This entry will be from the perspective of the Charm++ runtime and is intended to serve as a basis for wider discussion on the use of spanning trees, possibly dynamic, in other HPC software/middleware systems. As they stand, these are my personal thoughts and speculation. They are more questions than answers. Hopefully, as time goes by, they become more answers than questions.
I assume the reader (myself included) understands the idea behind a spanning tree (and minimum spanning tree). In Charm++, we tend to construct spanning trees over the object communication graph in Charm++ applications. These spanning trees then serve as the backbone for broadcasts and reductions, where the root can be any vertex of the spanning tree.
As I understand it, most other HPC runtimes use binary trees for their broadcast and reductions. If I am not wrong, this is because they do not need to deal with the dynamic nature of their applications. In Charm++, objects can migrate. As such, we have a dynamic runtime environment. Broadcasts and reductions happen in the background of application computation and other communication. I do not, however, know if spanning tree construction in Charm++ takes existing communication graph and volume into account. However, if broadcasts and reductions are to be efficient, they need to be woven around more static communication patterns. Hence, the construction of a minimum spanning tree, using the application's more static object communication volume as edge-weights.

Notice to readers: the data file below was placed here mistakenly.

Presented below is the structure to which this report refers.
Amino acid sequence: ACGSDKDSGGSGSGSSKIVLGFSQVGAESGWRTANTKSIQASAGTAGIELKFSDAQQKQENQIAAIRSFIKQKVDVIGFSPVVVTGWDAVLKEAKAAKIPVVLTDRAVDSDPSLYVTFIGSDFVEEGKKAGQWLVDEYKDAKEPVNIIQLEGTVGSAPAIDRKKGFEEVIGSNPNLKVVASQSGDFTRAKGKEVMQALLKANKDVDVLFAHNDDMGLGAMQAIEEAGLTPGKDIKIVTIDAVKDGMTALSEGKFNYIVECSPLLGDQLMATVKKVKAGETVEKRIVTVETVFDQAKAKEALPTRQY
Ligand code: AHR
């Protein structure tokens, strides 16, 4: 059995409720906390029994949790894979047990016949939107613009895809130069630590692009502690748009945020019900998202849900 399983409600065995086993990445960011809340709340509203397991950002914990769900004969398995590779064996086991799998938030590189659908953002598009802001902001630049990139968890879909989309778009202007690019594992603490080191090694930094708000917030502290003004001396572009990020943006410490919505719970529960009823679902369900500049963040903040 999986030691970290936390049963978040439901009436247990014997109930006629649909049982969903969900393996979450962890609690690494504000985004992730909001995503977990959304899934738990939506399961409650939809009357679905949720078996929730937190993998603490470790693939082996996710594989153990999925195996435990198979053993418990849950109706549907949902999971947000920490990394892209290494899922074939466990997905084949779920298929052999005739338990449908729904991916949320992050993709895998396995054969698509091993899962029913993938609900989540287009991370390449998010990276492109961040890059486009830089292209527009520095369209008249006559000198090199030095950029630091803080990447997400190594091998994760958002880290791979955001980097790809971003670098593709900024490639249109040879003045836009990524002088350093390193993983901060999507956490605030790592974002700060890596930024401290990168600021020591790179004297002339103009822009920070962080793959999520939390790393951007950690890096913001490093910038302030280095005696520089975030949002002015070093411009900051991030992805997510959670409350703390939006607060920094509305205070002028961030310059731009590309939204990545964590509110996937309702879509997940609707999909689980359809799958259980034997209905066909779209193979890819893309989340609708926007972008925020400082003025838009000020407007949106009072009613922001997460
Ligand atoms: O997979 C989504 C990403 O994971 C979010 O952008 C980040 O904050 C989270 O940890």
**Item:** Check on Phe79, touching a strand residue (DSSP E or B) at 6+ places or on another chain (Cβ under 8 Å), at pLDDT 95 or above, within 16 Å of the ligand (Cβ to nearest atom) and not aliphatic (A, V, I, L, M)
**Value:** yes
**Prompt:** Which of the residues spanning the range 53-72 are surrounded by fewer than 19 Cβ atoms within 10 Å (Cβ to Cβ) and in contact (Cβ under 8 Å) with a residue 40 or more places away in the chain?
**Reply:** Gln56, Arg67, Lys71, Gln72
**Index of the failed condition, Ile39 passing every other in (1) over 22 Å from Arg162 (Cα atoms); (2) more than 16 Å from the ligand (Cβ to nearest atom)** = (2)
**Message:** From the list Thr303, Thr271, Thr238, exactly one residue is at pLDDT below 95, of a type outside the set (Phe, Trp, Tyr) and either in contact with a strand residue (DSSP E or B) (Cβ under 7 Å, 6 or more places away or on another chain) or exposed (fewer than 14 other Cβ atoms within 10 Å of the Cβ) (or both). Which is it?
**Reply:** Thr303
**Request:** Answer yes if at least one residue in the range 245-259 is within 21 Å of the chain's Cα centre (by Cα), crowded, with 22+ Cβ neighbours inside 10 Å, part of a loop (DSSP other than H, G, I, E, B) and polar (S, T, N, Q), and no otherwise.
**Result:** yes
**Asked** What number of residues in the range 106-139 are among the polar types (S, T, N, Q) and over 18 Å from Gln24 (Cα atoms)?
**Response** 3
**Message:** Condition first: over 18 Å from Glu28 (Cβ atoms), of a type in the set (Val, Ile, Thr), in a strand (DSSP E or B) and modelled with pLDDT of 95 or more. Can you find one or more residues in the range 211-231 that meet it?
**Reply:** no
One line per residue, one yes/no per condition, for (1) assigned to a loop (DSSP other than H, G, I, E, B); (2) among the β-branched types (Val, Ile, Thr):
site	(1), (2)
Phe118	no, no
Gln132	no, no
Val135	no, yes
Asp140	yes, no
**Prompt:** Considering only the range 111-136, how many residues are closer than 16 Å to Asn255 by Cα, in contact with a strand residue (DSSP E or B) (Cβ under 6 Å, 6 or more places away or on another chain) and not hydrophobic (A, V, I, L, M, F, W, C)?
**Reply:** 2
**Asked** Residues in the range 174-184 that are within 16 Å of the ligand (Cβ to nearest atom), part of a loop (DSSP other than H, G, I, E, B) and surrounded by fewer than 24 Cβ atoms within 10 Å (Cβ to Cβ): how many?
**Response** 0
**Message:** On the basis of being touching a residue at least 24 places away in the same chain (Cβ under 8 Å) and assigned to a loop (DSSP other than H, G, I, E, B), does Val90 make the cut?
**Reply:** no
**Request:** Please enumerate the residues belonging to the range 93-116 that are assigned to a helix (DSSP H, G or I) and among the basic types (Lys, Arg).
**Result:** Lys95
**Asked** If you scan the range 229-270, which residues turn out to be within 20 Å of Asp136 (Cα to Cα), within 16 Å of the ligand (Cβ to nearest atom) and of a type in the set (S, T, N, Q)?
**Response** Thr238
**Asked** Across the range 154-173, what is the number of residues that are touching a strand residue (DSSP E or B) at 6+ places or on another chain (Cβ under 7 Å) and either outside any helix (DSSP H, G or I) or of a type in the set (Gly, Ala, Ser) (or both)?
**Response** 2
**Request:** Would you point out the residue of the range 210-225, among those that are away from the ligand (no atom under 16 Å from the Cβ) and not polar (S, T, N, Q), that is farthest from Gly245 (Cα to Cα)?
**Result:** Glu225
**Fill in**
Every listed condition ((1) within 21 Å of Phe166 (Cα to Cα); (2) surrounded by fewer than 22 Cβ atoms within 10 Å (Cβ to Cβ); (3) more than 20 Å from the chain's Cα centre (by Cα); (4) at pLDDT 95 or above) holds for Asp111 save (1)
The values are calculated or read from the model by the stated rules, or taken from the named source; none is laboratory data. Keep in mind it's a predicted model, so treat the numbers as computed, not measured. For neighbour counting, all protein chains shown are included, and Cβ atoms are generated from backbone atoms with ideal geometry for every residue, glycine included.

So, the questions, I suppose are:
1. Are parallel spanning trees useful in general HPC software/middleware?
2. Can our experience with spanning trees in Charm++ be directly applicable to other HPC systems that attempt to provide dynamic application behavior?